Every five years, Congress takes up the Farm Bill which covers food and agriculture policy under the purview of the United States Department of Agriculture. The current 2008 Farm Bill’s financial support programs are set to expire on September 30, 2012 unless they are re-authorized by Congress. In recent weeks, passage of a new Farm Bill received extensive attention given both the expiration date and record drought conditions that have plagued the U.S. agriculture industry. Recently, more than half the nation's counties had federal disaster designations that included most in Wisconsin largely because of the drought. Unfortunately, neither the expiration deadline nor the severe drought conditions stopped the ongoing partisan gridlock in Washington, and Congress departed for a five-week August recess without having taken the critical votes needed to pass either a new comprehensive compromise farm support bill or a limited disaster assistance relief bill. This article provides an overview of the legislative action that took place prior to the August recess on three key House and Senate bills including:
• H.R. 6083 - Federal Agriculture Reform and Risk Management Act of 2012 (“FARRM Bill”);
• H.R. 6233 - Agricultural Disaster Assistance Act of 2012 (“ADA Bill”);
• S. 3240 - Agriculture Reform, Food & Jobs Act of 2012 (“ARFJ Bill”); and
it provides an update on the outcome of the summer recess and September negotiations.
On July 12, 2012, the U.S. House Agriculture Committee passed their new comprehensive bipartisan five-year FARRM Bill. The cost of the Committee’s FARRM Bill was $491 billion and contained $36.5 billion in savings over 10 years through program cuts and reductions that included $14 billion in cuts to the commodity title, $6 billion in cuts to the conservation title and $16.5 billion in cuts to the nutrition title. The FARRM Bill eliminated highly criticized direct payments and replaced it with new price and revenue support programs, restored the expired disaster relief program, and cut $16.5 billion from the Supplemental Nutrition Assistance Programs (“SNAP”) or food stamps.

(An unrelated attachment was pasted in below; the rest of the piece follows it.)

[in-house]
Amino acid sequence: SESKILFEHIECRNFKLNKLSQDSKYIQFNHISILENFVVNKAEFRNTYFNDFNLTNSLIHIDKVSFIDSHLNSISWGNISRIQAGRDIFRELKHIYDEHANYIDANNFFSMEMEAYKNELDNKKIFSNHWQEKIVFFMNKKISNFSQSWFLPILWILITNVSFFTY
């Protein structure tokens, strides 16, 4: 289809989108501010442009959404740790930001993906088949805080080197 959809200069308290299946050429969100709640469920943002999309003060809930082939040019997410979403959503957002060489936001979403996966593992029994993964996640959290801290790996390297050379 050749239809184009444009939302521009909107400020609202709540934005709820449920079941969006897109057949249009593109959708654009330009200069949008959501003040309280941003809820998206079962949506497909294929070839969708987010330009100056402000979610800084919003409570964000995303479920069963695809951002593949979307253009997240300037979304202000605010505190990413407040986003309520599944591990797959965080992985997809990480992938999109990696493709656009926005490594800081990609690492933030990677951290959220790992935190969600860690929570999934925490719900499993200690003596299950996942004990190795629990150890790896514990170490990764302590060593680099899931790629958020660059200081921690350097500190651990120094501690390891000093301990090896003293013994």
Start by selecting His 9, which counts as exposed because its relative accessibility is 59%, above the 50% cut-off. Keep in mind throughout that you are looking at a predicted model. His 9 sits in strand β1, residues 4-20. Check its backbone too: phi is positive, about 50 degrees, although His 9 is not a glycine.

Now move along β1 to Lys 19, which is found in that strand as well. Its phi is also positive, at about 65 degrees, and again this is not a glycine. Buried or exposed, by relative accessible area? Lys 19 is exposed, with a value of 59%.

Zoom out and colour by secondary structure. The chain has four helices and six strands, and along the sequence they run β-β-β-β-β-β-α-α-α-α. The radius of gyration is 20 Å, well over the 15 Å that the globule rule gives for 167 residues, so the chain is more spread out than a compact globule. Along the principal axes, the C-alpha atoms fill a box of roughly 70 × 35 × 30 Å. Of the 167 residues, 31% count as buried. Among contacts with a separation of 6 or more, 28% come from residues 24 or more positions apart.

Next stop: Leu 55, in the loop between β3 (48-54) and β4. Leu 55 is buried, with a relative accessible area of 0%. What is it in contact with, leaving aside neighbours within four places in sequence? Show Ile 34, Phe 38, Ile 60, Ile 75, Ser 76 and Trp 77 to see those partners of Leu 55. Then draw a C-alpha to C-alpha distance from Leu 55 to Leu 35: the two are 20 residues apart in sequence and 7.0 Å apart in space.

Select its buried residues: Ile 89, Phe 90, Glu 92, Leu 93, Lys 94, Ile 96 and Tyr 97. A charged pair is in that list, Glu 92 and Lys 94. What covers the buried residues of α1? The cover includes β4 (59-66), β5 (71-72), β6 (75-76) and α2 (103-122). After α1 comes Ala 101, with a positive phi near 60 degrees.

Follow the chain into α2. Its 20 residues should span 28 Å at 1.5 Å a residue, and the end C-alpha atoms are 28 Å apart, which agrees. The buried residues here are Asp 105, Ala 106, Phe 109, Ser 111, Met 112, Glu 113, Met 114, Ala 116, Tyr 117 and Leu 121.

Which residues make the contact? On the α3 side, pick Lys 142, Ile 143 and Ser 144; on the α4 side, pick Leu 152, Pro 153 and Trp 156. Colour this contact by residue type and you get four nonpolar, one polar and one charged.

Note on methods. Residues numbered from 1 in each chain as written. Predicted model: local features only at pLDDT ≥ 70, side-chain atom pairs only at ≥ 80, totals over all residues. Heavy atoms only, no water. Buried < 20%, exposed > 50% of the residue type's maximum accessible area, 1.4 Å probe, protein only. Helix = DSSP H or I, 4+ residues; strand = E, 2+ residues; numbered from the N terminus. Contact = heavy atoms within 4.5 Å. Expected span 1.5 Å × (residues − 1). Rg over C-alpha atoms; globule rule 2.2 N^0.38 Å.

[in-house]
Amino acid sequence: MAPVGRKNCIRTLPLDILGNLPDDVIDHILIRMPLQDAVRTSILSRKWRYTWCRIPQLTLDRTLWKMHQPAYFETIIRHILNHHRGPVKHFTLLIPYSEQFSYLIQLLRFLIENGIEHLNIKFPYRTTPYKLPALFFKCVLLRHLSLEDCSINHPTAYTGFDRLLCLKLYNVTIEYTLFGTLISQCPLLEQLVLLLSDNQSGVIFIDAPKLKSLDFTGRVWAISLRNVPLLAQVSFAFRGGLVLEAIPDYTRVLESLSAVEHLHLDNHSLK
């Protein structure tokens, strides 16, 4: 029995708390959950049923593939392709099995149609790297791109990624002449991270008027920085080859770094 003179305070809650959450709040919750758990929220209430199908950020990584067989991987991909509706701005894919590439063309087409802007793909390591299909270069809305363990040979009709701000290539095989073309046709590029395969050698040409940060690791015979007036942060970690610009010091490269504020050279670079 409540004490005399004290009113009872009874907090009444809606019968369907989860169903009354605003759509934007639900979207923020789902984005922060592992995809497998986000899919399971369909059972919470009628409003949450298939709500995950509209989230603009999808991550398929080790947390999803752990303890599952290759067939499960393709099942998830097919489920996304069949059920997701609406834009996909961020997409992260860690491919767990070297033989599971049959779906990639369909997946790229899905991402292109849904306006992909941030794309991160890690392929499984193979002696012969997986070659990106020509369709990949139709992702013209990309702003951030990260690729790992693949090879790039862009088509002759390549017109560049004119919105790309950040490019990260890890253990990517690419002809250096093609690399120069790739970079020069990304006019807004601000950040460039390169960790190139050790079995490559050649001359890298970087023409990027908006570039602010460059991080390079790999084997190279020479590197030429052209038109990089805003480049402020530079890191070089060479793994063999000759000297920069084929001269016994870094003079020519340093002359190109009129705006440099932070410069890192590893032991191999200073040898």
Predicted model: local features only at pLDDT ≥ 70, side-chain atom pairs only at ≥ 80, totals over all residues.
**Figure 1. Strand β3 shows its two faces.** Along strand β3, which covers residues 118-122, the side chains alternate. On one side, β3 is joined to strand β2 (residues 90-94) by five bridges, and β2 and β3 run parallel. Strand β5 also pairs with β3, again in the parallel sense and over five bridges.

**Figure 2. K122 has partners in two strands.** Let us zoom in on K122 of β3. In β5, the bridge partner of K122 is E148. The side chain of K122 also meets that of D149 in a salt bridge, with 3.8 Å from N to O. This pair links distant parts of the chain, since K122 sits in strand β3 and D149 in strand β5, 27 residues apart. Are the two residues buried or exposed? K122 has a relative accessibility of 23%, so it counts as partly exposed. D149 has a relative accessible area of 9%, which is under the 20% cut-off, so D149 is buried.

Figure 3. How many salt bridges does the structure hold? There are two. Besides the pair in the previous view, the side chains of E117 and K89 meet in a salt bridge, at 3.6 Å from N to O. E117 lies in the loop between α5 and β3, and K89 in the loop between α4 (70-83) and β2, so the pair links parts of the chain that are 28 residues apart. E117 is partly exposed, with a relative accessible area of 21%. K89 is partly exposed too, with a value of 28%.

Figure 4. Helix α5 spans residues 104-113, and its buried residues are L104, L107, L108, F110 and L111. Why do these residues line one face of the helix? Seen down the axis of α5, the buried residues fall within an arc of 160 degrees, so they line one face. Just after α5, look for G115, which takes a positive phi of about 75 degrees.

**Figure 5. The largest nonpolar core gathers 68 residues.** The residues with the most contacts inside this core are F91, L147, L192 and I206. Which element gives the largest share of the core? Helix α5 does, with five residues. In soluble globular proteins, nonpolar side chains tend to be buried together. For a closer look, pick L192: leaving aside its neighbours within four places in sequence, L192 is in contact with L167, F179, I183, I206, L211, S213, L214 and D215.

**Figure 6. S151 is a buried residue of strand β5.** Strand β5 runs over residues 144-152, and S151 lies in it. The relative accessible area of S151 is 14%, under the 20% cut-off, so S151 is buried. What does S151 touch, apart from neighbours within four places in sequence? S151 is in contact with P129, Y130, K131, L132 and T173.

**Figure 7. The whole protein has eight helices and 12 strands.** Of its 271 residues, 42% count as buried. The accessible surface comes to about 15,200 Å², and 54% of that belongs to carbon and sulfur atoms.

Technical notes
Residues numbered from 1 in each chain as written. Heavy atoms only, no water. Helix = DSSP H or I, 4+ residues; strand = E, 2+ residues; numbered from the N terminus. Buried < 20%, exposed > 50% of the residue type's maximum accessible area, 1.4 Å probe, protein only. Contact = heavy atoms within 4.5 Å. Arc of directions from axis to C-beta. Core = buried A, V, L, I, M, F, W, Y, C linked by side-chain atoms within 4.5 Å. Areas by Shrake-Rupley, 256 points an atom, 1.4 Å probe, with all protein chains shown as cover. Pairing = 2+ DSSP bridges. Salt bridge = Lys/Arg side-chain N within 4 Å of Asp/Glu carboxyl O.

In the House at large, Republican farm state lawmakers and some Democrats criticized the Committee FARRM Bill and indicated the impact of enormous program changes and cuts would be disastrous to those most in need, while some Republican conservatives objected to the high cost and questioned whether the cuts were deep enough. Given this division, House Republican leaders who control the chamber were reluctant to bring the controversial Committee FARRM Bill to the full floor out of concern it could go down in defeat right before the November elections. Instead, House Republican leadership maneuvered to quell criticism of the stalemate and turned to consider either quick passage of a one-year extension of the 2008 Farm Bill, or a simple stand-alone disaster relief bill.
On July 31, 2012, with resistance from many conservative Republicans over a one year renewal of the current 2008 Farm Bill, and after several Democrats announced their opposition to this measure, House Republican leaders dropped the renewal plan and instead pressed for immediate short-term disaster assistance for drought-stricken farmers and ranchers. House Agriculture Committee Chairman Frank Lucas encouraged his colleagues to support the ADA Bill saying, “My priority remains to get a long-term five-year farm bill on the books and put those policies in place, but the most pressing business before us is to provide disaster assistance to those impacted by the drought conditions who are currently exposed.”